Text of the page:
It is said that there is a great divide between rural and urban India. But what are the differences between these two very different worlds? And which one is better? This blog post takes a look at the pros and cons of both rural and urban India, in an attempt to answer these questions. So, which one is right for you? Read on to find out…
What is Urban India?
Urban India is a term used to describe the areas of India that are classified as urban according to the criteria set by the government of India. As per the 2011 Census of India, Urban India comprises 28.53% of the country’s population, while the remaining 71.47% live in rural areas. The Urban Indian population is growing at a rate of 2.11% per year and is projected to reach 40% by 2030. Urbanization is taking place at a rapid pace in India, with many small towns and villages becoming cities and megacities. This process is driven by economic growth, migration from rural areas, and natural population growth. As Urban India continues to grow, it is important to ensure that adequate infrastructure and services are in place to support this population. Otherwise, Urban India will face many challenges, such as congestion, pollution, and crime.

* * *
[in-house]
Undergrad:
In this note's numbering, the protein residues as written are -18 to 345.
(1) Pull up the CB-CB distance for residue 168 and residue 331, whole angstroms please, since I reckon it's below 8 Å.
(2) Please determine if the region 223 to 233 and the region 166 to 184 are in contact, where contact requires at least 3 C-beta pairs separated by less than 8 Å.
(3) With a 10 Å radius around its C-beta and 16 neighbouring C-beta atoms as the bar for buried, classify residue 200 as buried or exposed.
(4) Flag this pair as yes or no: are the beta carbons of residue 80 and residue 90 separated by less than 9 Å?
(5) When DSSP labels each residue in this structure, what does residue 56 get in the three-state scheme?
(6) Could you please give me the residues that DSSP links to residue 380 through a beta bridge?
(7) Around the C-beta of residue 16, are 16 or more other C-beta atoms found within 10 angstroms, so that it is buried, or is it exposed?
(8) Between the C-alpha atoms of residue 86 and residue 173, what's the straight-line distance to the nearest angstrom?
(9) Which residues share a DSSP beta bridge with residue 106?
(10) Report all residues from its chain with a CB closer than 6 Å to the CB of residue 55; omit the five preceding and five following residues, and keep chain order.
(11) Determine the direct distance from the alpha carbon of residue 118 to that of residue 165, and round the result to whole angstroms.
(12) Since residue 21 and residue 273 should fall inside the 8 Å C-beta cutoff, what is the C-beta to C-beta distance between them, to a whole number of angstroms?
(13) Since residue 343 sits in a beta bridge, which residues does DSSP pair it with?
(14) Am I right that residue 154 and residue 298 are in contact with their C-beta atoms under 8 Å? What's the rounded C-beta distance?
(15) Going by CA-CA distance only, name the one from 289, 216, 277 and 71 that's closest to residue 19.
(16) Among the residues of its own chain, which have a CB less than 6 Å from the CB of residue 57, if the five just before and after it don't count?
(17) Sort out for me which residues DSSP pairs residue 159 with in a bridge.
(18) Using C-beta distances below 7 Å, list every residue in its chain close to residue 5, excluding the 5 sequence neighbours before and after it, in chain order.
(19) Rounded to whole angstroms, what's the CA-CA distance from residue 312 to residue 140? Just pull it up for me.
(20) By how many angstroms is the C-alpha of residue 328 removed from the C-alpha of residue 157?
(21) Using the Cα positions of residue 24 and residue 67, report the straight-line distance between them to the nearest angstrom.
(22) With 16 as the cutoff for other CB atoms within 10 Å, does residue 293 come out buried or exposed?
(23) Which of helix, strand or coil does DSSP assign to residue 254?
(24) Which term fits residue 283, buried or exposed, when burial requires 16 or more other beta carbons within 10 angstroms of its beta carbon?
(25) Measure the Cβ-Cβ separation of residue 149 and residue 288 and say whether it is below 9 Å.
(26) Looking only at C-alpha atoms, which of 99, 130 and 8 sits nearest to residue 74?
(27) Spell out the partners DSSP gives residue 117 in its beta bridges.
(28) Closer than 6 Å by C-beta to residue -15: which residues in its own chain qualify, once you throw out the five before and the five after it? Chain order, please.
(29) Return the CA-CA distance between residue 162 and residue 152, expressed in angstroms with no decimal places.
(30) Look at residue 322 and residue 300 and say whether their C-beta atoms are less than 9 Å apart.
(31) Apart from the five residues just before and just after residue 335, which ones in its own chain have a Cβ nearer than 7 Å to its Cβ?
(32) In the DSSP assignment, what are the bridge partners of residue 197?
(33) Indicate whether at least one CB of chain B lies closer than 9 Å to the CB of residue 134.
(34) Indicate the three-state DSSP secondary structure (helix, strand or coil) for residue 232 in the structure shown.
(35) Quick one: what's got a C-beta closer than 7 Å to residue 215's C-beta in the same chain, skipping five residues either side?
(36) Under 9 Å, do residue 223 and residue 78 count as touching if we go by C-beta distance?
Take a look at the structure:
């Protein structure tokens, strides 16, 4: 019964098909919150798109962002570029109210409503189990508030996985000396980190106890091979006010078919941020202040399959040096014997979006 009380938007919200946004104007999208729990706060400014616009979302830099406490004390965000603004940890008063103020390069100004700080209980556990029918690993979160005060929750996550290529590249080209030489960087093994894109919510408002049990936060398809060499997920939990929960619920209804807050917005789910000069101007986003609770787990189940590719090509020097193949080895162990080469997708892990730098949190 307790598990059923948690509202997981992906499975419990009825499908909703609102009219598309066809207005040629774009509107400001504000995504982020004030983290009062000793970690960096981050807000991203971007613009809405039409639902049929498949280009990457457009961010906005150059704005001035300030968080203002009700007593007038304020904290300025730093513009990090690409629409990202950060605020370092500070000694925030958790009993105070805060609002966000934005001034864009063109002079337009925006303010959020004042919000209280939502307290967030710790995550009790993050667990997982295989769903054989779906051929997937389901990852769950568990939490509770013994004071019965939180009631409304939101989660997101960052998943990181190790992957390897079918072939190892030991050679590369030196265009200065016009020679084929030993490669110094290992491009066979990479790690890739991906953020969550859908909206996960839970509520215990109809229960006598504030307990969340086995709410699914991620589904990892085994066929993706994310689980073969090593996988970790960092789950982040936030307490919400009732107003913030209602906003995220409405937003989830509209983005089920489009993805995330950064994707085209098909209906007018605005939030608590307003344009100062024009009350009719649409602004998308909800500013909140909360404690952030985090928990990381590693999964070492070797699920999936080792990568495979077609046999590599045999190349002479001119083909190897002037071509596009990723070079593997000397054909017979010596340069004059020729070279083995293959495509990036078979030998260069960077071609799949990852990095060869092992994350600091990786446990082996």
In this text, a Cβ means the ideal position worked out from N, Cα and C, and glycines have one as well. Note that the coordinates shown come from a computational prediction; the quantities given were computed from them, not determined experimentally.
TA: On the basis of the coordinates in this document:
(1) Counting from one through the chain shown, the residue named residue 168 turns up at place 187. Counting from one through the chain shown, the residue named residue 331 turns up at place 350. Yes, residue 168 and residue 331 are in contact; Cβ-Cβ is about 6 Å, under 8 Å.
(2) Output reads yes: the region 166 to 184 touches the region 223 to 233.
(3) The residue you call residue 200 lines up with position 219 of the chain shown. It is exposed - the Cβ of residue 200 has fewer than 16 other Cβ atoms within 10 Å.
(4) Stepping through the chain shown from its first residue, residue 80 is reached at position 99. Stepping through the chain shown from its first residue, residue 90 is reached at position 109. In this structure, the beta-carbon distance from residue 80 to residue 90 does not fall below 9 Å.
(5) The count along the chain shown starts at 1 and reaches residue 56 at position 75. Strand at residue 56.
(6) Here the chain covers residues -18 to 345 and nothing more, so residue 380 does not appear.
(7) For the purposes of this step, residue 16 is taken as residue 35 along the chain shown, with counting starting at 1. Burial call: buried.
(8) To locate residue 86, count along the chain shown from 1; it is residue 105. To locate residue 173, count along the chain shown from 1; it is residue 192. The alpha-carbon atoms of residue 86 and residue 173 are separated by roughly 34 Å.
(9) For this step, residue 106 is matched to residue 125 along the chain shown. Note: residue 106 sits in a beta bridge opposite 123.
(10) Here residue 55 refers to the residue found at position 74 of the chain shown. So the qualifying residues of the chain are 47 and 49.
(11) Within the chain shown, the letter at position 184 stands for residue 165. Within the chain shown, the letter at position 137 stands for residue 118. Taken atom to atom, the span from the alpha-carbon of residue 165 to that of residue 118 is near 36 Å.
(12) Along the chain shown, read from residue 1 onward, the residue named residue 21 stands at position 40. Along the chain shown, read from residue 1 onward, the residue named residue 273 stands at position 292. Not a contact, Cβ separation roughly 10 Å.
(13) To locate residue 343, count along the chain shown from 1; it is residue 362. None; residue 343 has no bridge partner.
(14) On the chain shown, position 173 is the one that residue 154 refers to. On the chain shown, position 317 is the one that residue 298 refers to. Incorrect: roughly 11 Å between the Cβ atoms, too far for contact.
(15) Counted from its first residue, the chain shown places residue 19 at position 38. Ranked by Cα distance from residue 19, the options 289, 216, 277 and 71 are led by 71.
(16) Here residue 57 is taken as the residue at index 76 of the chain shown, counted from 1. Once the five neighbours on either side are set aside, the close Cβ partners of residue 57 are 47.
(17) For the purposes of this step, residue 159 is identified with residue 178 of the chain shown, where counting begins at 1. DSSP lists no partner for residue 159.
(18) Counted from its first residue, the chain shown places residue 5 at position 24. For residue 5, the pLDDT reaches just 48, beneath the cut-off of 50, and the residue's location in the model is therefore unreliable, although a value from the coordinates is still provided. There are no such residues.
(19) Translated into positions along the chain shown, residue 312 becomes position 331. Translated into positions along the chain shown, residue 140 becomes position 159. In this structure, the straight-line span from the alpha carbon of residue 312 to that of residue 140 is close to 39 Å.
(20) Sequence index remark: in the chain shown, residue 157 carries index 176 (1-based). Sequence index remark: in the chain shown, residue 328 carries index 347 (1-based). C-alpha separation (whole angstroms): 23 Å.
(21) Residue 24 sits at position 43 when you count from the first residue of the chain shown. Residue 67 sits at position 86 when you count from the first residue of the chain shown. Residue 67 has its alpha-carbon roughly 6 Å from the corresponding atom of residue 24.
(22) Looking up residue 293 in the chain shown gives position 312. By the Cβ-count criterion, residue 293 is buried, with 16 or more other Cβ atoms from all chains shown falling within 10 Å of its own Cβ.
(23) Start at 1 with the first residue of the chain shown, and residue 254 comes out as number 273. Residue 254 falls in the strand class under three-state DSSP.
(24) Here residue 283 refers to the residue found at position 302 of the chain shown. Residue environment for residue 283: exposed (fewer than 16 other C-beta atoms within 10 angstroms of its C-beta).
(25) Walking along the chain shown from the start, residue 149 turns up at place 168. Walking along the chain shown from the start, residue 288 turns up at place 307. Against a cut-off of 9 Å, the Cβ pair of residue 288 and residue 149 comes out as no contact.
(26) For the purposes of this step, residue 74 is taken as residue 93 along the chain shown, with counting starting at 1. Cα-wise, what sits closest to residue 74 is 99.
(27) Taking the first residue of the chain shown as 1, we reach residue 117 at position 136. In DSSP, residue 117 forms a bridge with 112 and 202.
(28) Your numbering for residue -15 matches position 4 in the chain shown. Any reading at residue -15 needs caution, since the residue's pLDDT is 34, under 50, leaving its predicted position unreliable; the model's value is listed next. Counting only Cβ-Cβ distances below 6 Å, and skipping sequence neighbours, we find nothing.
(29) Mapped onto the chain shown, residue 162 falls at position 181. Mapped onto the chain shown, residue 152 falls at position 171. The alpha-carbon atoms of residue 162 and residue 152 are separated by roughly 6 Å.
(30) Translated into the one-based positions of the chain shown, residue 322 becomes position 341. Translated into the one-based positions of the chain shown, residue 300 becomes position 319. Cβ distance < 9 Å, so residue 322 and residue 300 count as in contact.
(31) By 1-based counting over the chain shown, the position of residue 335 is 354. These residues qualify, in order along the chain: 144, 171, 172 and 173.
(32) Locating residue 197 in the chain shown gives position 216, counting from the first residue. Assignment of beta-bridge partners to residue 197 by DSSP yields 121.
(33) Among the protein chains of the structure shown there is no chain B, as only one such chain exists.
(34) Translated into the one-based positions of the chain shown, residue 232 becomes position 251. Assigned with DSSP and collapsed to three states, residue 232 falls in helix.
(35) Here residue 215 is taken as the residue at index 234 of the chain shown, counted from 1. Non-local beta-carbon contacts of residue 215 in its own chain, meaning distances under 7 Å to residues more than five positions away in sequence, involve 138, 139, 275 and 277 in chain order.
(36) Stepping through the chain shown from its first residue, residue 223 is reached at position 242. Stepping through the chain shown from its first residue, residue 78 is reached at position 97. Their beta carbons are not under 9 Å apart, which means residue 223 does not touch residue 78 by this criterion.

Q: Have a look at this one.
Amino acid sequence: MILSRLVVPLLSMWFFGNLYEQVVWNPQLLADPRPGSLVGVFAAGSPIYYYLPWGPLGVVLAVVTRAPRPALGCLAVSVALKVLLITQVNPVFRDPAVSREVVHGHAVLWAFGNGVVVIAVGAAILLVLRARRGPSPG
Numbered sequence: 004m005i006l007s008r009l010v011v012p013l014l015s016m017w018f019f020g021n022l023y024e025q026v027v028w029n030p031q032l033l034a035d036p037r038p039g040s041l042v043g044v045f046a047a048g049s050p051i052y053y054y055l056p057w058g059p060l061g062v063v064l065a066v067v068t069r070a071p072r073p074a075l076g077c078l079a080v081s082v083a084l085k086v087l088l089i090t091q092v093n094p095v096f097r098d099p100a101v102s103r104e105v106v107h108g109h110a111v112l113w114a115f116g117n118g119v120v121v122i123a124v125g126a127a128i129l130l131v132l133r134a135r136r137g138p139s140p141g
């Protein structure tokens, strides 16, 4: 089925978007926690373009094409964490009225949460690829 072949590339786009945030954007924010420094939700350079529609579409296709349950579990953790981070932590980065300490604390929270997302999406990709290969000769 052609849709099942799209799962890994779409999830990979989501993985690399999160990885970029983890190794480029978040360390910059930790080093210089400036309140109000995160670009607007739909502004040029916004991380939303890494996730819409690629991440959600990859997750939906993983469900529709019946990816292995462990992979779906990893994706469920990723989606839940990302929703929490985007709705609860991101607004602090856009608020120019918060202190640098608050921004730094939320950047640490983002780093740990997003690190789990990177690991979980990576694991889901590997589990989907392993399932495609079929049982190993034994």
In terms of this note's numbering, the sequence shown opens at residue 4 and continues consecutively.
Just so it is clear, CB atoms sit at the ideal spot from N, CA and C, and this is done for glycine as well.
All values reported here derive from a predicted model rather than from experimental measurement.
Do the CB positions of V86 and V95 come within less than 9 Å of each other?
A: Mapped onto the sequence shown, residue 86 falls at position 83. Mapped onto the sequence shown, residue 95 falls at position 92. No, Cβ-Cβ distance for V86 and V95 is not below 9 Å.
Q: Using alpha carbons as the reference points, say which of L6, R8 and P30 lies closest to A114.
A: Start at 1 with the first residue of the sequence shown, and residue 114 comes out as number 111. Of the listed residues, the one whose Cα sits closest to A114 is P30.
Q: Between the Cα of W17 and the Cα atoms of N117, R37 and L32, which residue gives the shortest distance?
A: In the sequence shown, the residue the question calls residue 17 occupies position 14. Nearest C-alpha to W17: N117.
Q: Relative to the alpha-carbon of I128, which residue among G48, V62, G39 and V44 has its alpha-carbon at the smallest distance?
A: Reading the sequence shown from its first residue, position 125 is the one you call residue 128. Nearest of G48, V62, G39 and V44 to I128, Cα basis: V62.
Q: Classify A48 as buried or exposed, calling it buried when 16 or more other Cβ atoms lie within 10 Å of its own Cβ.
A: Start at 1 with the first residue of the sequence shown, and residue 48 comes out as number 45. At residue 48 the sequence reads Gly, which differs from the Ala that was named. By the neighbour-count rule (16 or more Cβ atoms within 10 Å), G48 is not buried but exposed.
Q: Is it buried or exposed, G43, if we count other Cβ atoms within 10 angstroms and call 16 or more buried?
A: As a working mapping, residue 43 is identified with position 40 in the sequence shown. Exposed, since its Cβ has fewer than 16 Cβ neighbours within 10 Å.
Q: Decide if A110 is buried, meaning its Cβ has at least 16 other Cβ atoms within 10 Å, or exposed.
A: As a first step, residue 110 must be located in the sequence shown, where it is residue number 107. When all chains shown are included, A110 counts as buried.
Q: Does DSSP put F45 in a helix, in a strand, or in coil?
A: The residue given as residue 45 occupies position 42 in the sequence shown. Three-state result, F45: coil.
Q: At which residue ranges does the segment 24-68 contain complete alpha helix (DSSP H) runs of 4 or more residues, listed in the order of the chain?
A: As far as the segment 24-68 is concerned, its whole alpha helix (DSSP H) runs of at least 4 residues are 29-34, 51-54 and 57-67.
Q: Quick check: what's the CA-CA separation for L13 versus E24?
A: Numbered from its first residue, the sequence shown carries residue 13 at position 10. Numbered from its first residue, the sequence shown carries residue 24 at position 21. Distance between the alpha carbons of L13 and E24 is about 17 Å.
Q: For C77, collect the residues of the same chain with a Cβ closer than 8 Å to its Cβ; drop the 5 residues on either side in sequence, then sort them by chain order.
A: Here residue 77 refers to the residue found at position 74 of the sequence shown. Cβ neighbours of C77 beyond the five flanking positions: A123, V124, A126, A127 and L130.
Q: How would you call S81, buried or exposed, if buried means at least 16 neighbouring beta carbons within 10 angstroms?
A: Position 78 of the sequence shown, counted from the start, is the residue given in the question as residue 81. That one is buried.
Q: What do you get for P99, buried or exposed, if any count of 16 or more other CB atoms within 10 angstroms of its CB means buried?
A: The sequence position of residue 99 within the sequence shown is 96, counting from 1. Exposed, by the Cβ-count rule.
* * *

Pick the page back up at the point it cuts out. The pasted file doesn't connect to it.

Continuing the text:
What is Rural India?
Rural India is an area that is located outside of metropolitan cities. It is typically farmland or a small village. The majority of the population in Rural India lives in poverty. They do not have access to modern amenities or education. The primary language spoken in Rural India is Hindi. Rural India makes up a large part of the country’s economy. The main crops grown in Rural India are rice, wheat, and sugarcane. Rural India has a population of over 800 million people.
Difference between Urban and Rural India
Urban and Rural India are two very different worlds. Urban India is typically more industrialized, while Rural India is more agricultural. Urban areas tend to have more people, while rural areas tend to have more space. Urban areas are also generally more diverse, with people from all over the country living in close proximity. This can lead to a more cosmopolitan outlook, while rural areas may be more insular. Urban India is also generally wealthier than Rural India, as poverty is more prevalent in rural areas. However, both Urban and Rural India have their own unique charm, and it is worth exploring both before making any judgments.
The gap between rural and urban India is vast, with a number of disparities in access to resources. However, there are also many similarities. In both cases, the people of India are working hard to improve their lives and create a better future for their families. We’re excited to continue working with our partners in rural India to help them achieve their goals and make progress toward closing the gap between rural and urban areas.